Britain is now a ­multilingual country. You can walk 100 yards along a street in London without hearing English being spoken.

And our children are ­growing up hearing a ­cacophony of ­different ­languages. Can their baby brains cope with it? Is it good for brain development? Will it give them a head start?

The answer to all those questions is yes, according to new research on how babies sort out language.

And it even goes back to ­before a baby is born, to what a baby hears while in the womb. This should be very reassuring for parents who worry that a baby ­talking will ­be delayed if it hears more than one ­language.

In fact, the ­opposite is true.

Just think about it. A newborn could find itself in a family speaking any one of the 1,000 or more languages and would be able to ­pick up any of them. The infant brain has the capacity to learn to speak any ­language. What happens to the ­baby’s brain if it hears more than one ­language ­being spoken at home?

Well, an infant’s brain is infinitely ­‘elastic’. It simply grows to accommodate both languages. The amazing thing is that the baby’s brain learns there are two ­languages being spoken but that they’re different.

Also, scientists can show the earliest differences between ­babies’ brains exposed to one language and those ­exposed to two. Researchers can analyse baby behaviour like which ­direction they turn their eyes and how long they pay attention to ­figure out baby perceptions of sounds, words and language.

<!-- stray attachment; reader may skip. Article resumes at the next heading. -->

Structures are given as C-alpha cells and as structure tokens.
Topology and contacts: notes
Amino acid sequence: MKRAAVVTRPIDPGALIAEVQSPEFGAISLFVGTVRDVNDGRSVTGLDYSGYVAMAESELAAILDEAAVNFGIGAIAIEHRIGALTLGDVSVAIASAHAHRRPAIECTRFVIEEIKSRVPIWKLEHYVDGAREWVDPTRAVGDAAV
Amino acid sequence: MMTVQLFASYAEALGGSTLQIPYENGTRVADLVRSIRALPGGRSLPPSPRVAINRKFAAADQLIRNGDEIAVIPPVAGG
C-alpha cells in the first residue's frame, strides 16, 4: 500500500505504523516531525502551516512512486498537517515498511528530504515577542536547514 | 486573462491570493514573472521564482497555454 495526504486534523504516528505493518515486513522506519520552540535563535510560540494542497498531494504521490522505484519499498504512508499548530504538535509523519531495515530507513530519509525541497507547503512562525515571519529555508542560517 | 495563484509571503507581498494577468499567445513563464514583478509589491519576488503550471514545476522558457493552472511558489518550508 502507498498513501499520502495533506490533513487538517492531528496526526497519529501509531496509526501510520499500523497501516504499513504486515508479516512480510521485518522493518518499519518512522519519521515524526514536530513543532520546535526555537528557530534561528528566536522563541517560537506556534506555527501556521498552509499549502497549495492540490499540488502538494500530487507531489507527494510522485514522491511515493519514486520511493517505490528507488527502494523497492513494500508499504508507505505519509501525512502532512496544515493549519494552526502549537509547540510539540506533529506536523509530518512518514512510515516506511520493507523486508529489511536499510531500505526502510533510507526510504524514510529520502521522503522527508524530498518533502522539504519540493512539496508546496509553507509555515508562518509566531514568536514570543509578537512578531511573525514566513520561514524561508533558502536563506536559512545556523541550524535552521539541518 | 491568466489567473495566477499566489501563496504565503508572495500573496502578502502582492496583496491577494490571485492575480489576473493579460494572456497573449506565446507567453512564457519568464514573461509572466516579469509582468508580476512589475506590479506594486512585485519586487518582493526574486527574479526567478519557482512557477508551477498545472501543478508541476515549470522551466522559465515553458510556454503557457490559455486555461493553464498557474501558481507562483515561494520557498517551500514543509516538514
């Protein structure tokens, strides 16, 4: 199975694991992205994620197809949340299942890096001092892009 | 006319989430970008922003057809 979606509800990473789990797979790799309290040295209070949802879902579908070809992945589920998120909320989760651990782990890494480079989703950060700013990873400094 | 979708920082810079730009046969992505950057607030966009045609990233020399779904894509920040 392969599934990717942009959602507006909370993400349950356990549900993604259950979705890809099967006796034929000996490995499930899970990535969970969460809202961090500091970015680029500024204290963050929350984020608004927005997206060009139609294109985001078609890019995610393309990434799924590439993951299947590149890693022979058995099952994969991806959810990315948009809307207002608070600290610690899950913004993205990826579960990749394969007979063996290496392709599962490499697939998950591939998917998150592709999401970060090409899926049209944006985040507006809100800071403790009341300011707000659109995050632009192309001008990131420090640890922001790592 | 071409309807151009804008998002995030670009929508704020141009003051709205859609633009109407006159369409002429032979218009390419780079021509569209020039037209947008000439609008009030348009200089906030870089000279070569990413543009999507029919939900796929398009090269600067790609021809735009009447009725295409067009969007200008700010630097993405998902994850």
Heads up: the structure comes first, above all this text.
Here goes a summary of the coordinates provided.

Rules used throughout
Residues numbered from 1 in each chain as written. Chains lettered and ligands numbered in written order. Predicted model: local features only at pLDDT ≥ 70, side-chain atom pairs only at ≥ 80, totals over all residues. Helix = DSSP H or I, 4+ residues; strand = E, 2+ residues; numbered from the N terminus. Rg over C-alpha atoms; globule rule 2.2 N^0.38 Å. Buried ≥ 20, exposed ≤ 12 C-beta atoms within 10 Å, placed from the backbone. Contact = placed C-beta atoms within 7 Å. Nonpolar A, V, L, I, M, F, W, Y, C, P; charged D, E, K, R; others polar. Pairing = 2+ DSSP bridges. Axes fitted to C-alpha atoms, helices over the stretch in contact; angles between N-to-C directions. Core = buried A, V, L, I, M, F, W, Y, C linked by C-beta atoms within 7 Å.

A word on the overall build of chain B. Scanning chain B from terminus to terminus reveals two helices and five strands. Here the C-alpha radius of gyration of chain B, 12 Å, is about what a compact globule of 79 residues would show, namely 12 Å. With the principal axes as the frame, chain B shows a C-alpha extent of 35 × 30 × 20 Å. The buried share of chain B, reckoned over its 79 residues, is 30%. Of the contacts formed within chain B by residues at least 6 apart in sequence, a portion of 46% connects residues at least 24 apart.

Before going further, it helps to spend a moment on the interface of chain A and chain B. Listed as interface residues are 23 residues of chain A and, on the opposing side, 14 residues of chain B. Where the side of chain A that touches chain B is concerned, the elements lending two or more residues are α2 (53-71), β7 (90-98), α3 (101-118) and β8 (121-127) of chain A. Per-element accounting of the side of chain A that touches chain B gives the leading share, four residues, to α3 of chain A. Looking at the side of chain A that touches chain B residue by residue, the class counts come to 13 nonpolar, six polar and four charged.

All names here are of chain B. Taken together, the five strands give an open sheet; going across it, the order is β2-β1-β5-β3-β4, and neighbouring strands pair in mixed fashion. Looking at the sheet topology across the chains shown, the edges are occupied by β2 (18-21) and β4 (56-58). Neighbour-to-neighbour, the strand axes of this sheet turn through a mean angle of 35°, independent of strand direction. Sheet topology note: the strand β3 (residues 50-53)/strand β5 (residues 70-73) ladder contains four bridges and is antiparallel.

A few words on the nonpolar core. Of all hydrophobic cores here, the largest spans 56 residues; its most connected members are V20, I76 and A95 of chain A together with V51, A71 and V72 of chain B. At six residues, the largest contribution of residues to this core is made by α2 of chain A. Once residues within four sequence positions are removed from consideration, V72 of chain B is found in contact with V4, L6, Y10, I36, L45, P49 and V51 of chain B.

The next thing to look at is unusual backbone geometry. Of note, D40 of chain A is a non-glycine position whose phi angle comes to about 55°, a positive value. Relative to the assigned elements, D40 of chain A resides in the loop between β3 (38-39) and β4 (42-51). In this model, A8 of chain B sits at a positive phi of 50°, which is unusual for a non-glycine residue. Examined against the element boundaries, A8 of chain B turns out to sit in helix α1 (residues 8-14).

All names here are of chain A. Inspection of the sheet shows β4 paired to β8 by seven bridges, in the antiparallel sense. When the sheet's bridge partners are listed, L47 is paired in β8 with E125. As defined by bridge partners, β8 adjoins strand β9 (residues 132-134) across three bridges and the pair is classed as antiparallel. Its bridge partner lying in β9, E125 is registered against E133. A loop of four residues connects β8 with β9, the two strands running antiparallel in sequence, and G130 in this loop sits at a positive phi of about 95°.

This helps to explain not just how the baby brain listens to language but how listening shapes the baby’s brain.

University of Washington ­researchers in the US claim that when a bilingual baby is ­exposed to two languages, its brain ­remains open and ­responsive to new sounds and new languages, for longer than infants who hear only one.

Furthermore, bilingual ­children develop crucial skills in addition to their double ­vocabularies – different ways of solving logic problems and ­multitasking, skills that can put them ahead of their peers in class ­at school.

Bilingual babies handle new ­information quickly and efficiently, ­helping later scholastic achievement. **­So, parents, start your child speaking a ­second language as soon as you can.**

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